Sounds like you had yaseff one fine lil adventure. And the skunk had an even better one! (apparently!) Good thing, you left him be .. for he was doing your lawn mitey good indeed! Besides, it 'sounds' like you came mitey close to 'instinkgating' a face-off .. (wellll, it'd been the opposing end actually!) hee

The lil voles (or moles, I'm not really sure which) actually did/do our ol clay fill dirt in our yard, a world of good. They actually loosen and aerate the stuff ... And our grass finally took off here. Just have to go out on occasion, to stomp the mounded rows of soil back down. Especially before we run the mower over the yard ..

We know there are skunks here also. Gosh dog, we see them as road kill most everywhere! We've been able to tell (make that, 'smell') that ol P'nut has come within somewhat close proximity of 'em on an occasion or two .. when we turn him loose, to run a bit! The first year in our home here .. with such tall front and back porches, on the eastern side - my ultimately biggest fear, was having P'nut to get in a tangle with a skunk .. right under the front porch. This is where our bedroom sliding glass doors are, and of which we sleep with them open .. about 10 months out of the year! So you can imagine my genuine concern. I guess now that I've said it .. and as 'Murphys Law' dictates - it'll fer sure 'happen' now! ... hee hee ..

I know you've said in another thread or two elsewhere here on DG - I do remember you said you'd lived in New York(?) I think it was - but don't remember if you've ever stated how long you've been there in Utah. And nosey here .. wonders what you brought you West ? Only if'n ya don't mind my being so dadblamed nosey .. hee

Truly enjoyed your skunk and grub 'tale' immensely. Know you've surely got more tales you could share too ... Get 'em worked up, and ready to post for provision to our reading enjoyment also ... Your 'dead lawn society' and any otherwise.

We's is ready for some more 'ear' fillin' Blooms .. and some imaginative visual promptin' to boot!

(and dubble check fer any pitters of that skunker too .. that ya jes may have fergotten about havin') .. hee hee

- Magpye

Burleson, TX(Zone 8a)

My lawn isn't dead, but it qualifies for the UGLIEST lawn when the perennial rye grass comes in, and when it goes out. What a MISTAKE that was!

Gordonville, TX(Zone 7b)

The only good lawn is a dead lawn!!

Okeechobee, FL(Zone 10a)

Can I join? Does anyone need Live Oak seedlings? This is one of the things I might want to salvage before my final assault on the last grass.
John, does the short curly prarie grass not grow in your part of Texas? I was amazed to see how it covers miles of West Texas red clay outside of Borger.

Moab, UT(Zone 6b)

Yay!!! John!! Meadows or deserts or chapparall -- just not lawn.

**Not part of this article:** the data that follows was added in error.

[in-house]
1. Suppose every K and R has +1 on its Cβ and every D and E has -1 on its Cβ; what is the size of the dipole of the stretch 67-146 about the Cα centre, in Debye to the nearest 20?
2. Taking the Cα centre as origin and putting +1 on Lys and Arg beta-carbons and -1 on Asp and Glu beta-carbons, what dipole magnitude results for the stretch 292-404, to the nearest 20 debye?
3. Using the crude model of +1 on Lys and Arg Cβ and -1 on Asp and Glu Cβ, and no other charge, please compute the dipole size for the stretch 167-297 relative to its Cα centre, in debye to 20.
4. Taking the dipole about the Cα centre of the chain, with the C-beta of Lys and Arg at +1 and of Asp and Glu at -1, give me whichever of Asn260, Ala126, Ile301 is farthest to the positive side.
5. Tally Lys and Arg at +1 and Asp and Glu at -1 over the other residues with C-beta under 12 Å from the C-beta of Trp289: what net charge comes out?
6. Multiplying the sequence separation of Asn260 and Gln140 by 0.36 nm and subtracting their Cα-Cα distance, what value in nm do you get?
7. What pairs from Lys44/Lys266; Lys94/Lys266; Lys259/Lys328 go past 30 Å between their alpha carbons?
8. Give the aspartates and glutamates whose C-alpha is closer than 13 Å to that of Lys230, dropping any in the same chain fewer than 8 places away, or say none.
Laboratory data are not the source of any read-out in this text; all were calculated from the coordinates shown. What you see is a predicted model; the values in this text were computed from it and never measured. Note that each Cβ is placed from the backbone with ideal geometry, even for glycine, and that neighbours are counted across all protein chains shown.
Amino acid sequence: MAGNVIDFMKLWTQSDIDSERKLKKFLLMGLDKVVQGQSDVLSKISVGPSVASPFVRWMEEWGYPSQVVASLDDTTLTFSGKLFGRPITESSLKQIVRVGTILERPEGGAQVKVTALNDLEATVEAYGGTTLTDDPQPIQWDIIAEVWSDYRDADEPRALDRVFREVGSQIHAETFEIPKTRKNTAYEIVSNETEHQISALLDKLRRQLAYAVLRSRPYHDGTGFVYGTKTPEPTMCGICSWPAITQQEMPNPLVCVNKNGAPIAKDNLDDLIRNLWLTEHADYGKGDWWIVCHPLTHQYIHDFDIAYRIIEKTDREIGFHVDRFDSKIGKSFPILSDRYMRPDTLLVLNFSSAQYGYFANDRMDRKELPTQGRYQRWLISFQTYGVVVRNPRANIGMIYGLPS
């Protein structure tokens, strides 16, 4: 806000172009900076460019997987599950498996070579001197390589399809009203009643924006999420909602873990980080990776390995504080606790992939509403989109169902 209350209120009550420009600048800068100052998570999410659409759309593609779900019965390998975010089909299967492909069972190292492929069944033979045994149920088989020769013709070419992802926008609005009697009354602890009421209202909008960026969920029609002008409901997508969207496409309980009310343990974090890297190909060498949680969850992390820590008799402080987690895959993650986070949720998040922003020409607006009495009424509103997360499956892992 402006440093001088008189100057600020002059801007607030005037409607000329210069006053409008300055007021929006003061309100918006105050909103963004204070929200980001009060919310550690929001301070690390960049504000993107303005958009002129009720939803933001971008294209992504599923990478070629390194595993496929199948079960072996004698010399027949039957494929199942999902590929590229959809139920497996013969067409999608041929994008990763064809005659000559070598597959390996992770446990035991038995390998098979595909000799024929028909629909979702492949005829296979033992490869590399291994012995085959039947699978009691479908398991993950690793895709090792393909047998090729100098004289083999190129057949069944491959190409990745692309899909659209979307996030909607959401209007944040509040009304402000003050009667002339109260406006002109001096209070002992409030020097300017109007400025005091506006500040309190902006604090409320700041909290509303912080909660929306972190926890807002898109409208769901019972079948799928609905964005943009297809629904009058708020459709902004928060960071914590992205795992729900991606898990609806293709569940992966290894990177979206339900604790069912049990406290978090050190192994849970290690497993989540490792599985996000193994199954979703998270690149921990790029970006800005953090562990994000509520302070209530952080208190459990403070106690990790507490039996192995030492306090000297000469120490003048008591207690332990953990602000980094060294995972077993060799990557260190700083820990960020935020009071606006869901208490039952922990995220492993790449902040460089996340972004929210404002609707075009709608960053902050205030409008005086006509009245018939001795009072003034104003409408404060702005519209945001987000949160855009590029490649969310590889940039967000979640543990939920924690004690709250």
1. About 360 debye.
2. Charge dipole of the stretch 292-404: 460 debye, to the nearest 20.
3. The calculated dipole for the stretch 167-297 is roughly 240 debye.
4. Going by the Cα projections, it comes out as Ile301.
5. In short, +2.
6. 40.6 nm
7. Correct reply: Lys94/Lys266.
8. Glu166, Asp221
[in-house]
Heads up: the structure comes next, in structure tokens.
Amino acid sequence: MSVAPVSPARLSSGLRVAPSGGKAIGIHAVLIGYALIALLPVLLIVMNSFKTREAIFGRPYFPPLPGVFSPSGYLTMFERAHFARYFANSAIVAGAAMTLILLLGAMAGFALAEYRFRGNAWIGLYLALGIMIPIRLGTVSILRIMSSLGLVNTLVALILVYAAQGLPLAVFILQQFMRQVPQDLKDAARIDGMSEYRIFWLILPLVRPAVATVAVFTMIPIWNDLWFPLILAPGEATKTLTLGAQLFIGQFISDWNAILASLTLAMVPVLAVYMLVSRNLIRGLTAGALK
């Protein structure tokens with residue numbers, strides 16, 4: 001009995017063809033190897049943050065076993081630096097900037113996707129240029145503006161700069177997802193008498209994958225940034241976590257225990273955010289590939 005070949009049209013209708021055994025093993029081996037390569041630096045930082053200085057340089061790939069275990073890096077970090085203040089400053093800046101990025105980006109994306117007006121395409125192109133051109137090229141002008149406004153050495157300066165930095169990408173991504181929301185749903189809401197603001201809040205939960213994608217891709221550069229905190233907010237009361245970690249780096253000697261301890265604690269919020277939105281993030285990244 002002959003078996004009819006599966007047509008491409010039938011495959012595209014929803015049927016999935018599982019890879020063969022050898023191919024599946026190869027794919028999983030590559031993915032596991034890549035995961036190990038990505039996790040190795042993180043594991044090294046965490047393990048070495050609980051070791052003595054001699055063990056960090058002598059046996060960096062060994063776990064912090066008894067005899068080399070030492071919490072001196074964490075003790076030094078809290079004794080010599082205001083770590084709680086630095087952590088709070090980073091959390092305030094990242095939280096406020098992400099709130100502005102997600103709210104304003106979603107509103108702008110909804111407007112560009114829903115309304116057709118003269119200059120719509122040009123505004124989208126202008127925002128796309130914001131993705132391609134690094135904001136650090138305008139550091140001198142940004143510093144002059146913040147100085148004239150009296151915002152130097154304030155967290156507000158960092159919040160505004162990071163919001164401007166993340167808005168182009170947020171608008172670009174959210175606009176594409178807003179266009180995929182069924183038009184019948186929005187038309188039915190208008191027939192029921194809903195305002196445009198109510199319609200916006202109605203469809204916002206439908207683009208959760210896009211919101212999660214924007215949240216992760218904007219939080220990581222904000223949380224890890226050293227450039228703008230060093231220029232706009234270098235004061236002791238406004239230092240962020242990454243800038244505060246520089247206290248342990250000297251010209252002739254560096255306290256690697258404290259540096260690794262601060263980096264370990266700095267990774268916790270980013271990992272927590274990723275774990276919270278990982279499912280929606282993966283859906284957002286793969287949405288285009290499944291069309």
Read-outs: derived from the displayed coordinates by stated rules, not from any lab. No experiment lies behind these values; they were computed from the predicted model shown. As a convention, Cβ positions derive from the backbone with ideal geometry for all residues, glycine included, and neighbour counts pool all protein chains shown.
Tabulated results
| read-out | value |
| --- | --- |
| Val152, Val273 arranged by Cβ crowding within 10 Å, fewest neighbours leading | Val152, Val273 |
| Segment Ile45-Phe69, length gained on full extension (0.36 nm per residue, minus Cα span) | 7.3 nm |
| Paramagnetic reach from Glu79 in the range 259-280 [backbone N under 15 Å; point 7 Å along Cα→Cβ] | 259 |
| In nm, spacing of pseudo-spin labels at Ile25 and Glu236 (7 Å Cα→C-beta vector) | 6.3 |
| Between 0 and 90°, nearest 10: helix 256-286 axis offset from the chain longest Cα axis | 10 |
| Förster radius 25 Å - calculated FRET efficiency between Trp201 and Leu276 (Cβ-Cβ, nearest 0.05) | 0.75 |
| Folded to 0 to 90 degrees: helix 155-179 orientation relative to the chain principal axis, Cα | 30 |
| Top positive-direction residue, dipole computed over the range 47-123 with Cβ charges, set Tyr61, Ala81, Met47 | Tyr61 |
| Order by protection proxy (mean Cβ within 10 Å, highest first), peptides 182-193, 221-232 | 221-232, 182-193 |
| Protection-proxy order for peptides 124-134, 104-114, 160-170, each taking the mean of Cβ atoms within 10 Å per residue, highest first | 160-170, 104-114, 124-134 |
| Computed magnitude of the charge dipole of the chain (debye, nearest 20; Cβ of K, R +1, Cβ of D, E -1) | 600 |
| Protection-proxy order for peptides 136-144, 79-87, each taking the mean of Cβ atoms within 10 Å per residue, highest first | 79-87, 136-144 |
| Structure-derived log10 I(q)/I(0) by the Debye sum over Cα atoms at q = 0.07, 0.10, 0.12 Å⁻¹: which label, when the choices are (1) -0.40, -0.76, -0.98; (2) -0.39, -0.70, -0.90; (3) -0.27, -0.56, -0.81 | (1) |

Magpye, I didn't have a digital camera until just last year..;((

Wauconda, IL

Count me in as a member, along with my friend Equilibrium! I dislike lawn! I dig up more and more of it every year. I "replant" the grubs I dig up, for possible skunk food.

We have a dearth of skunks here, and they are becoming a threatened species....I was driving down my road one night when, out of nowhere, I saw a small black kitten by the shoulder of the road. Of course I stopped. I keep a towel in my car just in case.

I grabbed the towel, and ran across traffic to rescue this poor kitty. This poor kitty also had white stripes on it's back. It didn't register until I was 2 feet from the kitty. ooooooooooh! Still I went on...ok, baby skunk...skunks are rare in our area. Then, simultaneously, I skunks are fully armed! GAAAAH! Shooe'd the kitty far off the road, very cautiously.

Long may he/she wave and grub people's lawns! April

Moab, UT(Zone 6b)

Sugarweed, Is Live Oak a thirsty plant? Native to Texas, or some parts of Texas? Short curly prairie grass sounds interesting. But for now i'm looking for the sparsely planted look. I think it's buffalo grass folks around here are planting for the little water, little care green lawn/ meadow look.

I've always carved gardens out of lawns, this is the first time I've been the cause of one's demise.

Okeechobee, FL(Zone 10a)

Well, Blooms, being I'm less than 10 miles from the Atlantic and the big Live Oaks are loaded with spanish moss, they probably won't fare well in Moab, UT. I'm just a native of Texas, but do believe they live there down close to the gulf coast.
I did gather some Mesquite beans while in Texas, they will grow most anywhere. They can grow to a 12' tree/bush without water. That is the only reason anyone with any sense wood cook with mesquite, not for its ugh flavor, but that or cow patties were all there was to burn on cattle drives.
We have had years of drought here in Jacksonville. Water is very expensive. I use "Whole Earth WATER-SAVER" super absorbent water crystals. They absorb 200x their weight and then let the roots take water as they need it. My yard is 90* sand, so the water rushes through even when it rains or I water. Things planted with this do better and more with the water they get.
Here's a neighboring Live Oak.

Thumbnail by sugarweed
Moab, UT(Zone 6b)

Shucks I knew I couldn't have one. We have cottonwoods that are old enough to reach that size but not many.
And I'm a dedicated user of those water crystal beads. They're a definite plus here as I also garden in pure blow sand so anything I can put in to slow the water down as it goes by is good. Those goobers are the greatest.

Great pic, can feel the largeness and shelter of it.

Blooms, your skunk story is fun. So sorry you had nothing else for it to eat. I like those little buggers hanging around here. Mine doesn't even go off any more when we have encounters. He/she does his/her thing and I do mine. I have grown rather fond of my skunkster.

Ahhh... live oaks are magnificent. Here's a link for anyone interested-
Coleen is a wonderful lady and if you happen to have any decent sized live oaks, it might be in your best interests to register them.